Tech companies are valued higher than similar-revenue companies in other industries because tech products are scalable, easily measured, and (mostly) easy to monetize.

The formula for determining a company’s value is pretty much based on 2 factors: how much money they make (revenue) and how much money they can make (multiple). Traditional businesses with a small market or a non-scalable product will have a lower multiple (something like 2 or 3 times their current revenue) while tech companies are given much higher multiples (like 20 or 30 times their revenue) because everyone assumes that at some point they’ll flip a switch and start making a ton of money.

For example, Facebook bought Instagram for $1B before Instagram made money because Instagram’s user engagement was off the charts and it was clear how Facebook could use ads to monetize that engagement (which they’re doing now). This is the type of thinking that people point to when talking about the “bubble bursting” and runaway valuations.

When WeWork raised $400m in 2015 at a $10B valuation their revenue multiple was 66.7x while companies like Airbnb and Dropbox were in the 25x range. At least that’s according to this guy.

Valuation aside, WeWork has successfully created a new market for “micro-office space” that older, established companies like Boston Properties have been ignoring. WeWork’s membership subscriptions and premium offerings are a great way to extract value from customers, but what happens when WeWork’s arbitrage game stops working? If building owners decide they want to create their own shared workspaces, WeWork might find itself in need of a new business model.

Which is where WeLive comes in, a new “coliving” concept WeWork has been beta testing. Based on WeWork’s investor pitch deck that was leaked in August 2014, the company plans for WeLive to account for up to 21% of its revenue by 2018 (+$600m). That’s a big bet, but, if they can truly reinvent how young people live together, it might pay off for them.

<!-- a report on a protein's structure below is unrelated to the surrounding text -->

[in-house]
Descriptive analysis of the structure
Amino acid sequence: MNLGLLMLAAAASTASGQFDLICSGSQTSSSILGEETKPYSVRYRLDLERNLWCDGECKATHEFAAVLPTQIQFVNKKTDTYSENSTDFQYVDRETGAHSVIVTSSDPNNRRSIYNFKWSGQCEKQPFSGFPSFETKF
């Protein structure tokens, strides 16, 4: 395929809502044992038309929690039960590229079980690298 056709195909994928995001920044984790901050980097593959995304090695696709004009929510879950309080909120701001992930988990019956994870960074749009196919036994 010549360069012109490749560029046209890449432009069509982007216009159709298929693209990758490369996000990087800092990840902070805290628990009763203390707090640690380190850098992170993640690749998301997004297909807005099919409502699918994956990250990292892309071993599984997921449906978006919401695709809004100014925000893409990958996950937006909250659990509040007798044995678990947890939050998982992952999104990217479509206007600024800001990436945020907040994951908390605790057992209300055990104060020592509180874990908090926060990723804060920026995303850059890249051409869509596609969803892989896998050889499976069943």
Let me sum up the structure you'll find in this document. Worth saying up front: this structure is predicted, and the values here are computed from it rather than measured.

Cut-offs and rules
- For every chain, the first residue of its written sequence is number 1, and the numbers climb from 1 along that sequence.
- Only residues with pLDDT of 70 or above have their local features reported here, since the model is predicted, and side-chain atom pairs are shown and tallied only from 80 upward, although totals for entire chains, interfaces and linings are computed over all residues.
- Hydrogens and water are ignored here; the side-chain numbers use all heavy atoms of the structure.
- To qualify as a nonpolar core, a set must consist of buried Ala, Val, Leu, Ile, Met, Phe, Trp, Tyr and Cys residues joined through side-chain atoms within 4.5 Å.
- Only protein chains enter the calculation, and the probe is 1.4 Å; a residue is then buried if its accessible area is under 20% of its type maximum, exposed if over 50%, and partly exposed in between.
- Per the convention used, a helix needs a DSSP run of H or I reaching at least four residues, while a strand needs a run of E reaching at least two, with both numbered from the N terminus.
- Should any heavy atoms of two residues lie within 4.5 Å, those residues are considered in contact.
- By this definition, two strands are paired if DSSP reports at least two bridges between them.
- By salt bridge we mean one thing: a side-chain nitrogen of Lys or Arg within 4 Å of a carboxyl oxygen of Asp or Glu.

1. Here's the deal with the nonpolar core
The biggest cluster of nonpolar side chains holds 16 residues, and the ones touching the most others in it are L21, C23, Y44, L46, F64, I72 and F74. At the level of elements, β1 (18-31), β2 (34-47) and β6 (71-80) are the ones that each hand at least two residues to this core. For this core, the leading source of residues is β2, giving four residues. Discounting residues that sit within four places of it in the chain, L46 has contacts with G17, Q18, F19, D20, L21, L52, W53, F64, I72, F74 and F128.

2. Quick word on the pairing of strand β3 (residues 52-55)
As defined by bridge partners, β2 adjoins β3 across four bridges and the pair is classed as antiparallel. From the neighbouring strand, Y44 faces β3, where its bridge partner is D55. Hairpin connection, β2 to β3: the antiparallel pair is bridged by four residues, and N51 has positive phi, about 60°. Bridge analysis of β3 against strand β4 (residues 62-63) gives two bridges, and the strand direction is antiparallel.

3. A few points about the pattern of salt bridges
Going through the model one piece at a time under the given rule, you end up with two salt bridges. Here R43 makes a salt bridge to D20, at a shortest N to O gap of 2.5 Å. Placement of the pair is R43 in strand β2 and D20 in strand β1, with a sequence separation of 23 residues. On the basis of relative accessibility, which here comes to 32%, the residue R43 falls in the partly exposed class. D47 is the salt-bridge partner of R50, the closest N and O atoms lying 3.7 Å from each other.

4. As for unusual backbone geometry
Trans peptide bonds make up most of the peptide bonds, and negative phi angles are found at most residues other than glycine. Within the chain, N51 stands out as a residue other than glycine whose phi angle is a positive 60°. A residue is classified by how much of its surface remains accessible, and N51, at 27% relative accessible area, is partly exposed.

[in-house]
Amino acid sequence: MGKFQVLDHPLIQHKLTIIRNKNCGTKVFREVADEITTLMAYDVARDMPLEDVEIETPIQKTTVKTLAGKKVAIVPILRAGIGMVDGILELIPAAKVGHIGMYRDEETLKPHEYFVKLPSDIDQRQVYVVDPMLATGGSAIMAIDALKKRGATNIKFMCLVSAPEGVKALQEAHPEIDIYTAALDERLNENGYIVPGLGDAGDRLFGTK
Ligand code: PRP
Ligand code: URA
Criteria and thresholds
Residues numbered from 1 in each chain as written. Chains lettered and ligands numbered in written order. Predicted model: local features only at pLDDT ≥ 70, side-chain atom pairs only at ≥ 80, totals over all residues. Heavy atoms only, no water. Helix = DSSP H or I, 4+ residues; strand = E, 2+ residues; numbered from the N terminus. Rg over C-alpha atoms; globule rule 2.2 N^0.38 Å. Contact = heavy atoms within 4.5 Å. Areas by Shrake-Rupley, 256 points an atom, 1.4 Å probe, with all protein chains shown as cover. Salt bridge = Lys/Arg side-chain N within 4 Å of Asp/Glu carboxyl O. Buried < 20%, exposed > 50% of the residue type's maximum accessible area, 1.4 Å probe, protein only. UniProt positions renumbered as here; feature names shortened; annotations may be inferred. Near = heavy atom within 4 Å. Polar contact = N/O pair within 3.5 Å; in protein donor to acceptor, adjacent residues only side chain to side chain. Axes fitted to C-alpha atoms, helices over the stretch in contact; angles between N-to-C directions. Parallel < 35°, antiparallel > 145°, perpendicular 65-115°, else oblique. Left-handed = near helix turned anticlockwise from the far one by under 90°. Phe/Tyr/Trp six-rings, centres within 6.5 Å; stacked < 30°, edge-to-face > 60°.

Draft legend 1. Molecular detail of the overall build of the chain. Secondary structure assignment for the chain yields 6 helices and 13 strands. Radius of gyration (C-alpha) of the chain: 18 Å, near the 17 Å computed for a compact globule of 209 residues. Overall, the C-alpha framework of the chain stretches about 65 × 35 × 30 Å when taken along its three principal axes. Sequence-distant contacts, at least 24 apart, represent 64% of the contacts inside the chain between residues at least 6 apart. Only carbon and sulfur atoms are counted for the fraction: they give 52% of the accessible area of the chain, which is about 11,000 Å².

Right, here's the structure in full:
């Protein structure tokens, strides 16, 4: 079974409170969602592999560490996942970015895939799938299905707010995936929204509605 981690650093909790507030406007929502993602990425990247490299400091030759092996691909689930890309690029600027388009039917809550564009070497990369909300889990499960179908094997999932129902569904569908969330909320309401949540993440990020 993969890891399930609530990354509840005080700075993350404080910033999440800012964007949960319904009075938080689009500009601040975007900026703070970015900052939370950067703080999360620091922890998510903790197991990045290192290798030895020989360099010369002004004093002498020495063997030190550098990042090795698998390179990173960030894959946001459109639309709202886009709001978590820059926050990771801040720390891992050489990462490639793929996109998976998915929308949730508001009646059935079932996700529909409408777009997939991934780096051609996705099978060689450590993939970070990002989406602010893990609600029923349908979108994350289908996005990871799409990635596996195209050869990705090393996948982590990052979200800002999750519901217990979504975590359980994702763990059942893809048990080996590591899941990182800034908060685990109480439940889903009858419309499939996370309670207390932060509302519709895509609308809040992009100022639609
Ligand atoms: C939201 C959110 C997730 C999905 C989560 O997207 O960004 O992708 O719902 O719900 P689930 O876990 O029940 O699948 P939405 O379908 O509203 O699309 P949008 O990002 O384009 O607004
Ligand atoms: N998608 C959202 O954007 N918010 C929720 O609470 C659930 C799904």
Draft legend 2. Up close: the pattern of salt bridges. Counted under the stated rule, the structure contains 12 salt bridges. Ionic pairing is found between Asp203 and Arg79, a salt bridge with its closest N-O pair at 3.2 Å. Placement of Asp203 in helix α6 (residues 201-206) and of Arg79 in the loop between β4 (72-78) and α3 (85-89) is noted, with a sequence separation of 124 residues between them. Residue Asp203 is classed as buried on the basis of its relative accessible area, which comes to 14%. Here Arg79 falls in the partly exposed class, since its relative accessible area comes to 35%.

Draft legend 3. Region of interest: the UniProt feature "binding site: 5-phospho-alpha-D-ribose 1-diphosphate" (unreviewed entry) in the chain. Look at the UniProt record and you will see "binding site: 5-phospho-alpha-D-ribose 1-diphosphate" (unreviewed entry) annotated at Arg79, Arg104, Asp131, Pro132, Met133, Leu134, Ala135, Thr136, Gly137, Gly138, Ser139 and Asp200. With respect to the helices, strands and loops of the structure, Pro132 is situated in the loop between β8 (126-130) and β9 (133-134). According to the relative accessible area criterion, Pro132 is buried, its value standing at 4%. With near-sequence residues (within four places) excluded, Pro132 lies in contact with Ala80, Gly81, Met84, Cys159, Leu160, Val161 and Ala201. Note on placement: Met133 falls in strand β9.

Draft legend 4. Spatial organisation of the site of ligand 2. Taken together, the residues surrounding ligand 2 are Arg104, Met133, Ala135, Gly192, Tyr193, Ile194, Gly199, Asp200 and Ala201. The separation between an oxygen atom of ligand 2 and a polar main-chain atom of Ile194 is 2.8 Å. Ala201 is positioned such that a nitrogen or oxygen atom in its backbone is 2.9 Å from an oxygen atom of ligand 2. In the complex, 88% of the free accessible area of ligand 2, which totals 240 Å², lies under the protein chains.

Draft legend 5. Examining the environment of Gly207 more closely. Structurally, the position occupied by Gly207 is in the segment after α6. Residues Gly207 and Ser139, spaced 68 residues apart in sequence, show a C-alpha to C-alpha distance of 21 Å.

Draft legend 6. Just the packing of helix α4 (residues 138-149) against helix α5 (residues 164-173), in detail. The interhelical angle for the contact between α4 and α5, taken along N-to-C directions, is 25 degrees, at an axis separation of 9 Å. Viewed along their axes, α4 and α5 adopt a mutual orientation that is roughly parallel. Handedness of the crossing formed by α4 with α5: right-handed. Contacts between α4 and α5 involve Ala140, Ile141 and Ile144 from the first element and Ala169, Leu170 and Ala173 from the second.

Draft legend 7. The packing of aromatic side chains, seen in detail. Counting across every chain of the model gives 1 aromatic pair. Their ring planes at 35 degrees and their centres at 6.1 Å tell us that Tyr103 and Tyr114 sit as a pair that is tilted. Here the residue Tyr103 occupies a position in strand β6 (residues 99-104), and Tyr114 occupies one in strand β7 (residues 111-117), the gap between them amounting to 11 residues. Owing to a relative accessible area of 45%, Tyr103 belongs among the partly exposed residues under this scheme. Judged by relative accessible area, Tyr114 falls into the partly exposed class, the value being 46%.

Note: In a strange twist, turns out the chairman of Boston Properties personally invested in WeWork. Talk about hedging your bets…

Global domination

It’s worth noting that this latest round of fundraising was led by two Chinese companies, Hony Capital and its parent company Legend Holdings. Hony’s plan is to help WeWork launch in China and all they’re seeing is dollar signs. Or I guess it’d be Yuan signs…

WeWork currently has international offices in Israel, the UK, Canada, Netherlands, and Germany with Mexico, India, South Korea, China, Hong Kong, and Australia coming soon. Couple those new markets with the prediction that 40% of the workforce will be freelancers by 2020, WeWork could be sitting pretty over the next few years.

And while the company’s valuation is 100% inflated, you have to admit the founders discovered a couple of monster addressable markets: people who work but don’t want to rent an office, people who need a place to live. It’s a land grab from their perspective and the $1.43B in total funding gives them a huge leg up.

We should all be excited to see one of two inevitable scenarios play out. Investors realize that they’re smoking too much sticky icky, competition starts growing like weeds (because pretty much anyone can do what they’re doing), and the WeWork valuation implodes like Marco Rubio’s presidential campaign. Or we all find ourselves writing inspirational notes on chalkboard walls to promote cross-functional synergy, networking at a popup potluck, and emptying our pockets for our benevolent WeWork overlords.

I’d gossip around the kombucha cooler, but only if they have those peanut butter pretzels.